2. Opening the Door
Mystery comes in all forms, but many times it's as soft as a feather across skin, which explains why it's SO blasted easy for us to blow it off. As soon as the word "coincidence", "weird", "strange" or "odd" passes through your thoughts, raise your radar. Oprah calls it, "the whisper." For me, it's a sparkling flag waving wildly in the back of my head. That's the Universe, communicating with you on a level we don't fully understand but can absolutely appreciate.
The ways in which mystery enters your life may be as varied as a lasagna recipe. Some people find it in the odd behavior of a hummingbird, others find it in a strange physical feeling, a certain song on the radio, an odd pattern or regular occurrence of numbers. Keep your mind open, invite the mystery in, and don't be afraid to giggle like a school kid when it arrives.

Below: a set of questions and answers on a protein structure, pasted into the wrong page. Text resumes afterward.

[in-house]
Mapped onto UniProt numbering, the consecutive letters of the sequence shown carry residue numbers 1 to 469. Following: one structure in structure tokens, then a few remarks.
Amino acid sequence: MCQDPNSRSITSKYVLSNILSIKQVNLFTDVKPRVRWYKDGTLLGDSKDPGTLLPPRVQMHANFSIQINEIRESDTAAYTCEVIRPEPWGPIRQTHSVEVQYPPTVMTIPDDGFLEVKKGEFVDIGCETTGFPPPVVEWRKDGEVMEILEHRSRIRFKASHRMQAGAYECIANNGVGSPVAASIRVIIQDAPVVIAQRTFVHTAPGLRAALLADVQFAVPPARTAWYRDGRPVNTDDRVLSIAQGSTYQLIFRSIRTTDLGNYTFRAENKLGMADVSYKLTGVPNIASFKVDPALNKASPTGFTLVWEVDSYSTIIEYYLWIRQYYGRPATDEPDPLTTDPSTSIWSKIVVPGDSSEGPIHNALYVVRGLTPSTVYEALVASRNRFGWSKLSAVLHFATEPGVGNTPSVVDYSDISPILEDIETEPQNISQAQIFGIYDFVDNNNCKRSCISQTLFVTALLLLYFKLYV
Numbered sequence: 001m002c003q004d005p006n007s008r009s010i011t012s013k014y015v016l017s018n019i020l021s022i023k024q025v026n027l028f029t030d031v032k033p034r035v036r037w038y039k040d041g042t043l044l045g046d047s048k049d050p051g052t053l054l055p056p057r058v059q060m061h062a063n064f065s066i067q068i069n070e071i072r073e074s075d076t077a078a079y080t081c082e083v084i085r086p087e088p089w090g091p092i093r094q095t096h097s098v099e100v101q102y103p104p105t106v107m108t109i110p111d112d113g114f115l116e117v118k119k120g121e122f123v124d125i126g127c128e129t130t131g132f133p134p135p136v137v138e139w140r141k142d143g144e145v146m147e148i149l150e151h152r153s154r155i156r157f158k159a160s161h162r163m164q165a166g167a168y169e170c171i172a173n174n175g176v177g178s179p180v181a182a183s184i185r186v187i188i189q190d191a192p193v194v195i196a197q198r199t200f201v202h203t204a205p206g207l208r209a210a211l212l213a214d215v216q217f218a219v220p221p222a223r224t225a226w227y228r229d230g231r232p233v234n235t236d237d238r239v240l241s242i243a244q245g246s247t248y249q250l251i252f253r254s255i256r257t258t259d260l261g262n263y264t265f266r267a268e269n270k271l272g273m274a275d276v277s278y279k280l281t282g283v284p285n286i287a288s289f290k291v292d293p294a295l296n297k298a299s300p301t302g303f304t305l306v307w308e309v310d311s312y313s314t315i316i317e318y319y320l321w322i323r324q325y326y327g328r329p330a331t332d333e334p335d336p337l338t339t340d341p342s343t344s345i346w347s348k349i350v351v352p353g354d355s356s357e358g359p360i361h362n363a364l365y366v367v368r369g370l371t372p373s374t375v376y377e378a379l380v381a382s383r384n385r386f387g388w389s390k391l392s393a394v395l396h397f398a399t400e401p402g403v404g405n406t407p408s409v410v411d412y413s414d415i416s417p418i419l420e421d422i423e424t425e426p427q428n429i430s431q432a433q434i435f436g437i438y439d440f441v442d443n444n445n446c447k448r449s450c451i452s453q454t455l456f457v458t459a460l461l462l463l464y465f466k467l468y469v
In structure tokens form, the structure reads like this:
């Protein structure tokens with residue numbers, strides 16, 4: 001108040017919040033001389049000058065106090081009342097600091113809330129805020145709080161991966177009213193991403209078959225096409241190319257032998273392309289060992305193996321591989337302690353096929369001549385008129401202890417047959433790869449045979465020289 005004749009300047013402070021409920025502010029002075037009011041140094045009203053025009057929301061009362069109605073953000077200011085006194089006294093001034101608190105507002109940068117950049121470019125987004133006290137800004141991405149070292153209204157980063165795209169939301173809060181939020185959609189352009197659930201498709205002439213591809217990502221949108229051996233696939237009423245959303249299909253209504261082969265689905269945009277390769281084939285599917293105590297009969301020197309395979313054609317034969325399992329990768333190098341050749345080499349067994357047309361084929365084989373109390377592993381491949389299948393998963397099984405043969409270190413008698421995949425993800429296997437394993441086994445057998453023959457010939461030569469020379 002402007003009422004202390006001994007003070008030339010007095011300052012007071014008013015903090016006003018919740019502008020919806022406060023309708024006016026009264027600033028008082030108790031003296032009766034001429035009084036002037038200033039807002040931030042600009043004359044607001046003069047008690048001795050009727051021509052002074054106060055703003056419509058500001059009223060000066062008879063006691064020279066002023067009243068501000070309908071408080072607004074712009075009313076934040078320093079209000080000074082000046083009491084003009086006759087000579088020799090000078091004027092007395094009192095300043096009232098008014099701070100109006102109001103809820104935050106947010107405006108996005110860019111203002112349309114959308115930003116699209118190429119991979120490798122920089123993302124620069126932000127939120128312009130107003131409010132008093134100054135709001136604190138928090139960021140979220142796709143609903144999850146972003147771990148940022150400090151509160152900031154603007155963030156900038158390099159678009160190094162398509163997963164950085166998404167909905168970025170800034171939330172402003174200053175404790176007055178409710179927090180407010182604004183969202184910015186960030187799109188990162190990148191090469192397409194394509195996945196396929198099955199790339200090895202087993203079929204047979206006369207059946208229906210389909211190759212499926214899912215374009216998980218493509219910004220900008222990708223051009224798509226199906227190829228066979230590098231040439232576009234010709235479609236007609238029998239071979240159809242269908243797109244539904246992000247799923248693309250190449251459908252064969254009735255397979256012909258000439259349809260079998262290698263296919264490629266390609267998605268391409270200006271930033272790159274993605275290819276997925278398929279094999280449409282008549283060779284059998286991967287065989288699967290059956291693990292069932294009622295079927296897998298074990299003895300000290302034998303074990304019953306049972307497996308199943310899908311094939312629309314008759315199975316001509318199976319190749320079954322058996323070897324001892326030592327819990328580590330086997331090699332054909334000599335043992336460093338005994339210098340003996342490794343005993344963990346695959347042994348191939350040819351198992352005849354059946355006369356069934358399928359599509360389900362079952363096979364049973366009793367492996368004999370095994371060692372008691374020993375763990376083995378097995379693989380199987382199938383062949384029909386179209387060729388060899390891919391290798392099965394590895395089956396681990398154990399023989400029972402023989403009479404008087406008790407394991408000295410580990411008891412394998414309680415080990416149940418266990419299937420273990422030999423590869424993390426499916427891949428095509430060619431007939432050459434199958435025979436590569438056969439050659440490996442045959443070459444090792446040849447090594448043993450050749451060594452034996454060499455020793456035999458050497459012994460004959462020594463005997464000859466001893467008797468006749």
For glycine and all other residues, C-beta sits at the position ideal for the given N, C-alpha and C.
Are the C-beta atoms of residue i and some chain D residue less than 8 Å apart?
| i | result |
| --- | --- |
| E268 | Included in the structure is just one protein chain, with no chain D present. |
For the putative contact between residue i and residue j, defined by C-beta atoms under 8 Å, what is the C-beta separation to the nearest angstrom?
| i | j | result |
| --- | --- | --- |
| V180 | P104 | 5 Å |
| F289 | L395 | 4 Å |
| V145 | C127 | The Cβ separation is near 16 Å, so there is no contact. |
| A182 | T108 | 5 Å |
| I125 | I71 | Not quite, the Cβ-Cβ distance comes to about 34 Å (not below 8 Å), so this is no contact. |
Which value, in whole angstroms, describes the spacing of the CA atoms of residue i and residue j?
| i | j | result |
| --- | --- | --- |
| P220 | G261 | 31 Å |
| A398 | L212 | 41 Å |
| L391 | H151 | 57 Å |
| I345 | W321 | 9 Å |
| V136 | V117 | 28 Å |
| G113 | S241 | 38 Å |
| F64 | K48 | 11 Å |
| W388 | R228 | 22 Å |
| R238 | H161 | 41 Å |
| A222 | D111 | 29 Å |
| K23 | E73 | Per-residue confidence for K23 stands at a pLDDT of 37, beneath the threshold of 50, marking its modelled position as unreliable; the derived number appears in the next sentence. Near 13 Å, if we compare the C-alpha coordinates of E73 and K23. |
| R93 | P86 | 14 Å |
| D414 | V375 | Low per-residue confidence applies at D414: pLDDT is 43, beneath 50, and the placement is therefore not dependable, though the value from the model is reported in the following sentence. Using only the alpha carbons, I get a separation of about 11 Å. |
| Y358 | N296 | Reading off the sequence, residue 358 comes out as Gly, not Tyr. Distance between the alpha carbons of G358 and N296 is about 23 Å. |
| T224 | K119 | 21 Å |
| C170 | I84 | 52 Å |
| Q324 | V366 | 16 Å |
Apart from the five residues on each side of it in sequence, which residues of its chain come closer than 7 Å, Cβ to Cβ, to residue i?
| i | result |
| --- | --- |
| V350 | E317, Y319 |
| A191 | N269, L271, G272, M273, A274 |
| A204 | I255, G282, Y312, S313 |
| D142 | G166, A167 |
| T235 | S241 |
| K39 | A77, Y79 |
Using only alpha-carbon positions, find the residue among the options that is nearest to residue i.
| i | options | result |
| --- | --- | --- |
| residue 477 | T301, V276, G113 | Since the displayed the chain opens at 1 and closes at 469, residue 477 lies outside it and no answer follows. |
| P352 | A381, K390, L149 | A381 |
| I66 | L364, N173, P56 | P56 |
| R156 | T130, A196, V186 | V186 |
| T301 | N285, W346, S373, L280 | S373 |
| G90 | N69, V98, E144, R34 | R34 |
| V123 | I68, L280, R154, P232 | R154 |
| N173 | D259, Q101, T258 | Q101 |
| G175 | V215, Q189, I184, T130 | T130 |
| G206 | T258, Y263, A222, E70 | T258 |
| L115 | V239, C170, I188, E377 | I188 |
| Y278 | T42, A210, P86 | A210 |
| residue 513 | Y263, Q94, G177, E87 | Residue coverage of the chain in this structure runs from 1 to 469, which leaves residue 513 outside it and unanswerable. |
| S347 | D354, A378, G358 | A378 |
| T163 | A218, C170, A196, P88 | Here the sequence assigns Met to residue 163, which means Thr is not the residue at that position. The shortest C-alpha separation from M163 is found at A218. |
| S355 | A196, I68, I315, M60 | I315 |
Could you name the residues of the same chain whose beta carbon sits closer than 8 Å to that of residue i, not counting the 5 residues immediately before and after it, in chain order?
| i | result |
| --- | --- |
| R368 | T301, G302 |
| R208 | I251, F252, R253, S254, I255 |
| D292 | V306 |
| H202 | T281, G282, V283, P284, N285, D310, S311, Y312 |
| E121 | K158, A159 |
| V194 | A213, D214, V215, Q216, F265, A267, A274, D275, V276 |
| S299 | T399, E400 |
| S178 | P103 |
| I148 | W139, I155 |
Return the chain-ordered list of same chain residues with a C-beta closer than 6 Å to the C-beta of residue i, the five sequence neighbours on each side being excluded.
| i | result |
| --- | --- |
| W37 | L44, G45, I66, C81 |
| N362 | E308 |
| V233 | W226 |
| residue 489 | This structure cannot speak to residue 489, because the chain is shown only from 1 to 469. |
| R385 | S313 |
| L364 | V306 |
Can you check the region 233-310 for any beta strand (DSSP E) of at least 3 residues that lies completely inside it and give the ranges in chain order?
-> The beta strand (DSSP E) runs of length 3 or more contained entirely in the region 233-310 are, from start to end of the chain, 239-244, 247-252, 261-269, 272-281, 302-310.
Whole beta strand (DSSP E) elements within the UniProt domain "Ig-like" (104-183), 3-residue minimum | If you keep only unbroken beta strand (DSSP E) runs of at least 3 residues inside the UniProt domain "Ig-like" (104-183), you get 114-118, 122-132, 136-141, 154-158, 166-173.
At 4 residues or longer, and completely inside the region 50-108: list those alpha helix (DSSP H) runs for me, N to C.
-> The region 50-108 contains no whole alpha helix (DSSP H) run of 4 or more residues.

3. Start Your Own Exploration
Mystery surrounds all of us, all of the time. Once we recognize it in our daily life, it's time to put that sixth sense to work the way we use our nose to see if the milk has gone bad. It can be an amazing guidance system and learning tool. And there has never been a better time to start investigating the unknown. There are hundreds of people here at Owning Pink sharing and learning with each other. I've found that the very intuition about which I'm learning helps me weed through these sources to find what resonates as true for me. If a book, site or advisor does not "feel" right to your gut, if it leaves you feeling negative in any way, let it go and find one that does. I'm a firm believer that what works for me won't necessarily work for you -- so you've got to investigate and search to find your own truth.
What about you? Are you one of the 67% who has experienced ESP? Does the unknown fascinate you or scare the hairs clear off your head? Do you think we should approach discovery with an air of skepticism or with wonder? How do you experience life's mystery?